Not a day passes without innovation making the news. The data collected from the constant monitoring of our behaviours is mostly seen as a poorly-defined threat that the machines will use against us. Scenario planning at its worst. Future forecasting at its most confusing. So where do you start with business innovation?
It’s obviously true that information is being gathered. Your smart watch, smartphone, laptop and iPad are all emitting data dust that’s being sucked into a cloud and aggregated into a cognitive system that is learning your behaviours. Every traffic surveillance camera, parking space sensor, medical device, call-handling system and checkout you use records your habits, predispositions, dislikes and preferences.
But information is ephemeral. Only when it is stored and valued, does it become data that can be analysed, and you effectively gave up caring who gathers information the first time you signed up for a digital service. The trouble is that the data isn’t equally distributed. Yeah, Amazon knows you better than your mother, but who else?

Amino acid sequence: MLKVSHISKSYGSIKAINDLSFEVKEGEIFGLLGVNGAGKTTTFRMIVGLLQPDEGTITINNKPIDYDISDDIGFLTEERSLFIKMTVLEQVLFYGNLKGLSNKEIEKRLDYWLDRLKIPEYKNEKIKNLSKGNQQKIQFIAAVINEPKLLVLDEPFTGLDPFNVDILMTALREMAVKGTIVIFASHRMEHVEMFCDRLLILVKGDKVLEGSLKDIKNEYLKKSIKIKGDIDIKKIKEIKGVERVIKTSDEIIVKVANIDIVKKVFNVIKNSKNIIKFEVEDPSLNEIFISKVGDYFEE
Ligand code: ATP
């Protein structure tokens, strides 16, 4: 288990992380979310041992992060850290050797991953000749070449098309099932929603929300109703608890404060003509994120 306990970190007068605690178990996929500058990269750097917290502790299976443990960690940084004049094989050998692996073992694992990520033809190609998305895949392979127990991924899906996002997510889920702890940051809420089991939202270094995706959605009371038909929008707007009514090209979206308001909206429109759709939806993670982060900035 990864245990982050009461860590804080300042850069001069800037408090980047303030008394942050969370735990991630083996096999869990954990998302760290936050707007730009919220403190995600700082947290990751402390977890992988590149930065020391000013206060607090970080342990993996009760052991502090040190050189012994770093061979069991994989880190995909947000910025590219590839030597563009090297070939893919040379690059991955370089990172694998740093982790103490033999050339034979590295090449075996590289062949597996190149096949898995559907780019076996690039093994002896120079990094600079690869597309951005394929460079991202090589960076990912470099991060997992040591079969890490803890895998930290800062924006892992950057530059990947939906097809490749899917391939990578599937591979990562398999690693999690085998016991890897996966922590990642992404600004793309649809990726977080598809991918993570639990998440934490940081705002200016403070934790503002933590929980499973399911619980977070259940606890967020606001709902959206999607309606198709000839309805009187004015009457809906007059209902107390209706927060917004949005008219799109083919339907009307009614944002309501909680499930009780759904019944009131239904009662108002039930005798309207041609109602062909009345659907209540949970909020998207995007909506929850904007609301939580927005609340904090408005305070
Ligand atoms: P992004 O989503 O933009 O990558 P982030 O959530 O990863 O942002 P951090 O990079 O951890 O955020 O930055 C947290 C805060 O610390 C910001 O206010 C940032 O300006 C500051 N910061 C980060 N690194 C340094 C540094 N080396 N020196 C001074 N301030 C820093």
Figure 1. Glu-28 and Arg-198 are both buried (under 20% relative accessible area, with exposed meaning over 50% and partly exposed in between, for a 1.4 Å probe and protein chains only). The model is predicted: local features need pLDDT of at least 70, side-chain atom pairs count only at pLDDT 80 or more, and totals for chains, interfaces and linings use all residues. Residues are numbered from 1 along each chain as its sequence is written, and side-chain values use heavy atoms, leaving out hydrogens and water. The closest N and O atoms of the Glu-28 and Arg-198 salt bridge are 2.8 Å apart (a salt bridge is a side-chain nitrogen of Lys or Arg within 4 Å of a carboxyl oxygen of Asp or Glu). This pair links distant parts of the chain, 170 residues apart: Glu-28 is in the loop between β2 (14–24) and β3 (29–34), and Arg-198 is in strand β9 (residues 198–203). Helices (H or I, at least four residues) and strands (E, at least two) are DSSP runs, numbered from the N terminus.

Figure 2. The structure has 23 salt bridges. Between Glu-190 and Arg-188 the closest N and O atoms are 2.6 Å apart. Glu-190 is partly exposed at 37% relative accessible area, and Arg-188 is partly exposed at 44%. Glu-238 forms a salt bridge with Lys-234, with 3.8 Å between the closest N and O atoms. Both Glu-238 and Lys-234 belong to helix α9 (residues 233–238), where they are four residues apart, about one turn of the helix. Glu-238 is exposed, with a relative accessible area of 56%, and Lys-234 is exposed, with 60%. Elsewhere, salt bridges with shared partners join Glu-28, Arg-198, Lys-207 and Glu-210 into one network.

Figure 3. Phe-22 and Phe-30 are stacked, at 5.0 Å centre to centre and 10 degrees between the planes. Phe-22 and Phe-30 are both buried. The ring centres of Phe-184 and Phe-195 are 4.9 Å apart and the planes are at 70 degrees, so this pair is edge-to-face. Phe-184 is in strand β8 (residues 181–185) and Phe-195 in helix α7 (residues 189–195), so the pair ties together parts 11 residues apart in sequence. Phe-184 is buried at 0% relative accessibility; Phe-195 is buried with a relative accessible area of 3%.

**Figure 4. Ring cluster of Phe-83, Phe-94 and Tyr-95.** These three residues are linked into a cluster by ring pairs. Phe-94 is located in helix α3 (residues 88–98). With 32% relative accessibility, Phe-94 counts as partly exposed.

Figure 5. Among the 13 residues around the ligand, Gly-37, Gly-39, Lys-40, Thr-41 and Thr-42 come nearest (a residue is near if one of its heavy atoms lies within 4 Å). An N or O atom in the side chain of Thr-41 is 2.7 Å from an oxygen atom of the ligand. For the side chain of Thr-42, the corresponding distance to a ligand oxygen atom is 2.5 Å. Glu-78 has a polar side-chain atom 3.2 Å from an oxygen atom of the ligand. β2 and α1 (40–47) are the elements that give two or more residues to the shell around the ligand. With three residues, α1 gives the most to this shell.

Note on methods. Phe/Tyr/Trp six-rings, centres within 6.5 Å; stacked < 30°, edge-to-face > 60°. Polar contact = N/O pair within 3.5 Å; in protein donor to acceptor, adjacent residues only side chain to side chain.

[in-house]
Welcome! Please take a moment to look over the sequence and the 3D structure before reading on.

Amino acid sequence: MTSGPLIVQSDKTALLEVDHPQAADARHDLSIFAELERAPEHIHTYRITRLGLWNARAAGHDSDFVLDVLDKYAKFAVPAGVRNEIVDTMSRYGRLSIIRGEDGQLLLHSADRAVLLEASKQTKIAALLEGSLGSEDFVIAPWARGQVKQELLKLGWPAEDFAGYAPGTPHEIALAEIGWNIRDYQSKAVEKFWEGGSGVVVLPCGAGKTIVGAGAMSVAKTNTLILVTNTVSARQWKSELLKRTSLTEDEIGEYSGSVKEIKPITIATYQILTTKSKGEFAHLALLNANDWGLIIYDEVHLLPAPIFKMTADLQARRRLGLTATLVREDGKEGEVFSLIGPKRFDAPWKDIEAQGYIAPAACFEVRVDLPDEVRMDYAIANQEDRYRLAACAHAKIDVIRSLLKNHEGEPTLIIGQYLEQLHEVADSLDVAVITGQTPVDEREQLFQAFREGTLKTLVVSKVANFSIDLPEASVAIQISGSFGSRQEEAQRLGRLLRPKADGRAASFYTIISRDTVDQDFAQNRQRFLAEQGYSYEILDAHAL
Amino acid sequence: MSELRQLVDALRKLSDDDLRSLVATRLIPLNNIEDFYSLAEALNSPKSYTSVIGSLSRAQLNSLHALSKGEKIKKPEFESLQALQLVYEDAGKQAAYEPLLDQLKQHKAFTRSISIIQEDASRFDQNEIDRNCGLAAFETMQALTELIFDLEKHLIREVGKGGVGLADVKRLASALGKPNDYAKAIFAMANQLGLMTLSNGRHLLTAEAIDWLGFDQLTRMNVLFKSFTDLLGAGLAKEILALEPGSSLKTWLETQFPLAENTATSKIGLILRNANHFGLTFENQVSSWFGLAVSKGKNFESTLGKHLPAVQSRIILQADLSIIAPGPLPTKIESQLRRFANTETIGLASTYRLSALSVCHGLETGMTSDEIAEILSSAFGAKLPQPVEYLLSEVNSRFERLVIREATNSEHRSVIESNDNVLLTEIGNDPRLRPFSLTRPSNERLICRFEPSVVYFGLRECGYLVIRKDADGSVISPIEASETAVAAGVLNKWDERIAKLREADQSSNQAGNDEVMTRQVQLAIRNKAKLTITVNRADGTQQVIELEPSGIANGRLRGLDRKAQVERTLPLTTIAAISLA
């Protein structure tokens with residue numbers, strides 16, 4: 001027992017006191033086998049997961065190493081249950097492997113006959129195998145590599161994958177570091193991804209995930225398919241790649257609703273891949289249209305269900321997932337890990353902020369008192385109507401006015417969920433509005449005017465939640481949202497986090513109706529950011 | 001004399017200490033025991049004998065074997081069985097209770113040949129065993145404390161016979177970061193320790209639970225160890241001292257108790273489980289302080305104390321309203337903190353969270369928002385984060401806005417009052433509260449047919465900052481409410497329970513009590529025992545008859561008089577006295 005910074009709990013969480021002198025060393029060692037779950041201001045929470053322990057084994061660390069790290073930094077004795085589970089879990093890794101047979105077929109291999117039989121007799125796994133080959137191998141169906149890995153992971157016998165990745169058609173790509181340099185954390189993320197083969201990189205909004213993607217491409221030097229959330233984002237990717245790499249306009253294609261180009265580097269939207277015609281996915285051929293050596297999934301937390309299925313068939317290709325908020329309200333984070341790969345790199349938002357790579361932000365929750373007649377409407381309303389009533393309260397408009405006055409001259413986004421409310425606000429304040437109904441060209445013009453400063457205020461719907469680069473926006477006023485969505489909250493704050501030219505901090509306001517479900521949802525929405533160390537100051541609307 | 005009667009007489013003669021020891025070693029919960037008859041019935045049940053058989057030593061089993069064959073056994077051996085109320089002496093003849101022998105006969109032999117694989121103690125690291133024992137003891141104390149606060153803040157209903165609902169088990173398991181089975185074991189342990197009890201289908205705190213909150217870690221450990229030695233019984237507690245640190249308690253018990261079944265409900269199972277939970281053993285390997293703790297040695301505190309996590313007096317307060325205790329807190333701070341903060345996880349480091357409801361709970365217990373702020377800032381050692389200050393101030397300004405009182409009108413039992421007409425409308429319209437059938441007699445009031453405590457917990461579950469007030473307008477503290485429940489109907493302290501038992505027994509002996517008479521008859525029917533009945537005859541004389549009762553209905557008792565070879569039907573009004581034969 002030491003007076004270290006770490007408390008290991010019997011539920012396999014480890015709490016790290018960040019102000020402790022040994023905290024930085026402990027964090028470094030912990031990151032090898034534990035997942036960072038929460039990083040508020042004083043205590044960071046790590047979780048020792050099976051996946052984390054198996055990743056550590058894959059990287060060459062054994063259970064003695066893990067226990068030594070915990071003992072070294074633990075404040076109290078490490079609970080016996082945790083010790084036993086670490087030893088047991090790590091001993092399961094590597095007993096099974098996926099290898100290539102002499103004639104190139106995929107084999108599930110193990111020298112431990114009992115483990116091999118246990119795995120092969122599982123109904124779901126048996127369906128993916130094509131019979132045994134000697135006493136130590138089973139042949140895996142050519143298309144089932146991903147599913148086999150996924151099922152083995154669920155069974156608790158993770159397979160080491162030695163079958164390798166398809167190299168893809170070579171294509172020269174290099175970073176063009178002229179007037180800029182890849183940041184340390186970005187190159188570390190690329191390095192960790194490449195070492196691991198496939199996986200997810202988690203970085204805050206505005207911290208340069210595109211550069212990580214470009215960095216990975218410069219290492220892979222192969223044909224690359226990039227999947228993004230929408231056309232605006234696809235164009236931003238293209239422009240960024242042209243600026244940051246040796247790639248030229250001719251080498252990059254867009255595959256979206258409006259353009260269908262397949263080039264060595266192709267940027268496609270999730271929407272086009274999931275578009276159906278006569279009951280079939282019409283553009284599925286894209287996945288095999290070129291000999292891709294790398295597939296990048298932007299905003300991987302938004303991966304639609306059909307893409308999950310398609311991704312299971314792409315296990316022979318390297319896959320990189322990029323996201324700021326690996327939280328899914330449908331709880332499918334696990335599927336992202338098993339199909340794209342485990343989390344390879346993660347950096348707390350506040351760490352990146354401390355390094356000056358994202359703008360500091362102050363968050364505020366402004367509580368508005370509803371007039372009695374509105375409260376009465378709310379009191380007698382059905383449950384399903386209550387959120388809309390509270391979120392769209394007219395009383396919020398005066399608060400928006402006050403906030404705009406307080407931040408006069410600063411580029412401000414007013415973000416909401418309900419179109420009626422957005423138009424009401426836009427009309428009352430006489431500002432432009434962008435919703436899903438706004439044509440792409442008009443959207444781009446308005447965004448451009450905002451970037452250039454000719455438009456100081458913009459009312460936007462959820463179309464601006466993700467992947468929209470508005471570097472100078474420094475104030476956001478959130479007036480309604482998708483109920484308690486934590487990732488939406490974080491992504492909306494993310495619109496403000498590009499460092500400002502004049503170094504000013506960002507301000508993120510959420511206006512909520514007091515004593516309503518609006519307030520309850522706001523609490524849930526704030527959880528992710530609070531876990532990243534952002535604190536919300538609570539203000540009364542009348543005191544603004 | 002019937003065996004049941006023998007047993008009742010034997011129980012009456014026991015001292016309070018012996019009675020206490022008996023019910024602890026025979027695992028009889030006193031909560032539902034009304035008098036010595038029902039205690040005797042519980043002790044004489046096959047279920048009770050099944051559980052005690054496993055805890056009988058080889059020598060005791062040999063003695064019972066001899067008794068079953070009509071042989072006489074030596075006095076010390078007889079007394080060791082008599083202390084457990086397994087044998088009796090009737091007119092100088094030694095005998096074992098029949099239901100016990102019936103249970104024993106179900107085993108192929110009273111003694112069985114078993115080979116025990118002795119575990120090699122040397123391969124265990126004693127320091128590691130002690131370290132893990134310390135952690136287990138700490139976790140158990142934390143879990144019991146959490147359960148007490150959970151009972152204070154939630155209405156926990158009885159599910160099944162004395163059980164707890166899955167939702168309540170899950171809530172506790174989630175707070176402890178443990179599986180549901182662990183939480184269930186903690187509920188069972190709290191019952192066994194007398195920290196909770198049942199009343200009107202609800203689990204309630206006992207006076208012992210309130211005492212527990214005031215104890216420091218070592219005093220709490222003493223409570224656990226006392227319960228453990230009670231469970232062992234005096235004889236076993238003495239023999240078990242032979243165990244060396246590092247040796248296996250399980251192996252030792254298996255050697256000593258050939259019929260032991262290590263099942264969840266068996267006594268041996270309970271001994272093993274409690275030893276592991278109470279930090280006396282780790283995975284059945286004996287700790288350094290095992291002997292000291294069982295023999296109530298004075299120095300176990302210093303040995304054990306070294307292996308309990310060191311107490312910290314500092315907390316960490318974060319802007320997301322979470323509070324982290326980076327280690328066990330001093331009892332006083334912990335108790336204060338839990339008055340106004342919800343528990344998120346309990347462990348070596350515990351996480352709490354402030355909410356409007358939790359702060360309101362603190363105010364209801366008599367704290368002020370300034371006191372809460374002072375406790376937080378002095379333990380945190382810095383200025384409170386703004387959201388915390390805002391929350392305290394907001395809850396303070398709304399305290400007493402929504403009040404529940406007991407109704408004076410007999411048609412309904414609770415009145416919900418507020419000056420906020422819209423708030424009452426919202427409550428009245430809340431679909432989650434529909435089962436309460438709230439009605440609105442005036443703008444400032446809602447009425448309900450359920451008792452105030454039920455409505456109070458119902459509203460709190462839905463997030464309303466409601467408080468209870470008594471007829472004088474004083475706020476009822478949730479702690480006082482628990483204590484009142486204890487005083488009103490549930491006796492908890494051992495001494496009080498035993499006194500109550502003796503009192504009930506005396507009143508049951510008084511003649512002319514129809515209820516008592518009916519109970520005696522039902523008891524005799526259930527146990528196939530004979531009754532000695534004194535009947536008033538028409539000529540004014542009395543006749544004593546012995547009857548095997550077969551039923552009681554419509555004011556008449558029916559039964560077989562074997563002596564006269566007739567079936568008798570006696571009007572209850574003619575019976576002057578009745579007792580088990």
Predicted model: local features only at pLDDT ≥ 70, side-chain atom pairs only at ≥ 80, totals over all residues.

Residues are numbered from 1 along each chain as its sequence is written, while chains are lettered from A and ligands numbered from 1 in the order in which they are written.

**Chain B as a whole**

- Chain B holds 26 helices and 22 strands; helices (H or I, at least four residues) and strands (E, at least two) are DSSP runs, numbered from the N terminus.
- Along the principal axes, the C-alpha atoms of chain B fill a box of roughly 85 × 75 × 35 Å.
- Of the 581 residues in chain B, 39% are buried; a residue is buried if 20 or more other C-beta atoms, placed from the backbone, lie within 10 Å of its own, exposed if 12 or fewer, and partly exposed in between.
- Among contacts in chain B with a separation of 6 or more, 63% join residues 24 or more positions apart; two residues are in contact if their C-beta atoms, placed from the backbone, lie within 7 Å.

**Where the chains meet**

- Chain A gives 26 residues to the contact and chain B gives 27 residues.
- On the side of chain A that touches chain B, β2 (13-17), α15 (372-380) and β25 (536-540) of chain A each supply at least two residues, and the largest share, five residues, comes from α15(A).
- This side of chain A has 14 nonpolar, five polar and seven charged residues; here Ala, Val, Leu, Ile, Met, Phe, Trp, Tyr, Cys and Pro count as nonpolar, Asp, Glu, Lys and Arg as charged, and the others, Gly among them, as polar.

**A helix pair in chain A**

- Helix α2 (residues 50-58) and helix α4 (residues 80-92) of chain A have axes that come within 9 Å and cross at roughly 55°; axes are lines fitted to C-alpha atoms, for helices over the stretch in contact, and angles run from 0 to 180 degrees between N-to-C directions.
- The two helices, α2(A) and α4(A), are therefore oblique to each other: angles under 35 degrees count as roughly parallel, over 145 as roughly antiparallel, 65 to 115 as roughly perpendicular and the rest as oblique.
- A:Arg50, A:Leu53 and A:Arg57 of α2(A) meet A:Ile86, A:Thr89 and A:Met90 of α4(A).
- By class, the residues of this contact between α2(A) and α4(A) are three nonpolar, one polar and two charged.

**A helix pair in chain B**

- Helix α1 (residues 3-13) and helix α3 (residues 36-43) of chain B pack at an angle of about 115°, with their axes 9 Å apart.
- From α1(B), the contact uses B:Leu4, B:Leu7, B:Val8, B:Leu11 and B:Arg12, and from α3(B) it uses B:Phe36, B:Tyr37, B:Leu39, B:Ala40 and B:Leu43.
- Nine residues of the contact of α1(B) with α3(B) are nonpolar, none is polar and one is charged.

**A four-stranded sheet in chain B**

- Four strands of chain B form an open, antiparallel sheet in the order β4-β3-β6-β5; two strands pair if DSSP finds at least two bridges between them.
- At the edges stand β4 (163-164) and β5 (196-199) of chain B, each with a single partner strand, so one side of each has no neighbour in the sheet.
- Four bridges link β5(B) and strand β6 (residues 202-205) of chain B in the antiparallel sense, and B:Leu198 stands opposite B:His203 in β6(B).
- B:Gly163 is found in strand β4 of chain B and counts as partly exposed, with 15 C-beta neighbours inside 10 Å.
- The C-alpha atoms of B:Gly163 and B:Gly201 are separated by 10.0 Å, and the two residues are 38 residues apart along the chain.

Business and innovation today craves to be new, newer, newest. Be the first and occupy a white space before the upstart does. While media are fixated on the far future as a problem, brand and product managers get on with making things we can buy today and tomorrow. The two ends of the timeline are connected in some companies and not in others. Lots of others.
Selecting the best data source for you is a real conundrum. Our top tip for seeing what your product could look like next is: look back as well as forward. And here’s the hard bit. Looking back from your future market position demands that you know a few things.
You need to know your customer (People), what you are going to sell them (Product) and when (Place), and this starts to shine a light on the financials (Price/Promotion). Decide these things and suddenly you know everything there is to know. It’s like having hindsight. It’s when the ‘Ah Ha’ moment happens.
In your hard drives, there is market and client data that would be of such high value and specificity that to commission it anew would cost far too much. Your earlier market reports, consumer profiles, product ideation notes, team meeting minutes, even the pitch documents you’ve got on file from prospective vendors are tailored to you. Look at this data in the right way and it reveals loads of good stuff: not least, what you know about the way your market is developing and how your customers will respond.
Dig this data out and someone will say, “FFS, why didn’t we do that sooner?”
The new ways to create value from your idea rely on how the thinking process is stimulated. As my mum used to say, “look home before you look away.”
Future thinking. Future proofing. It’s what we do.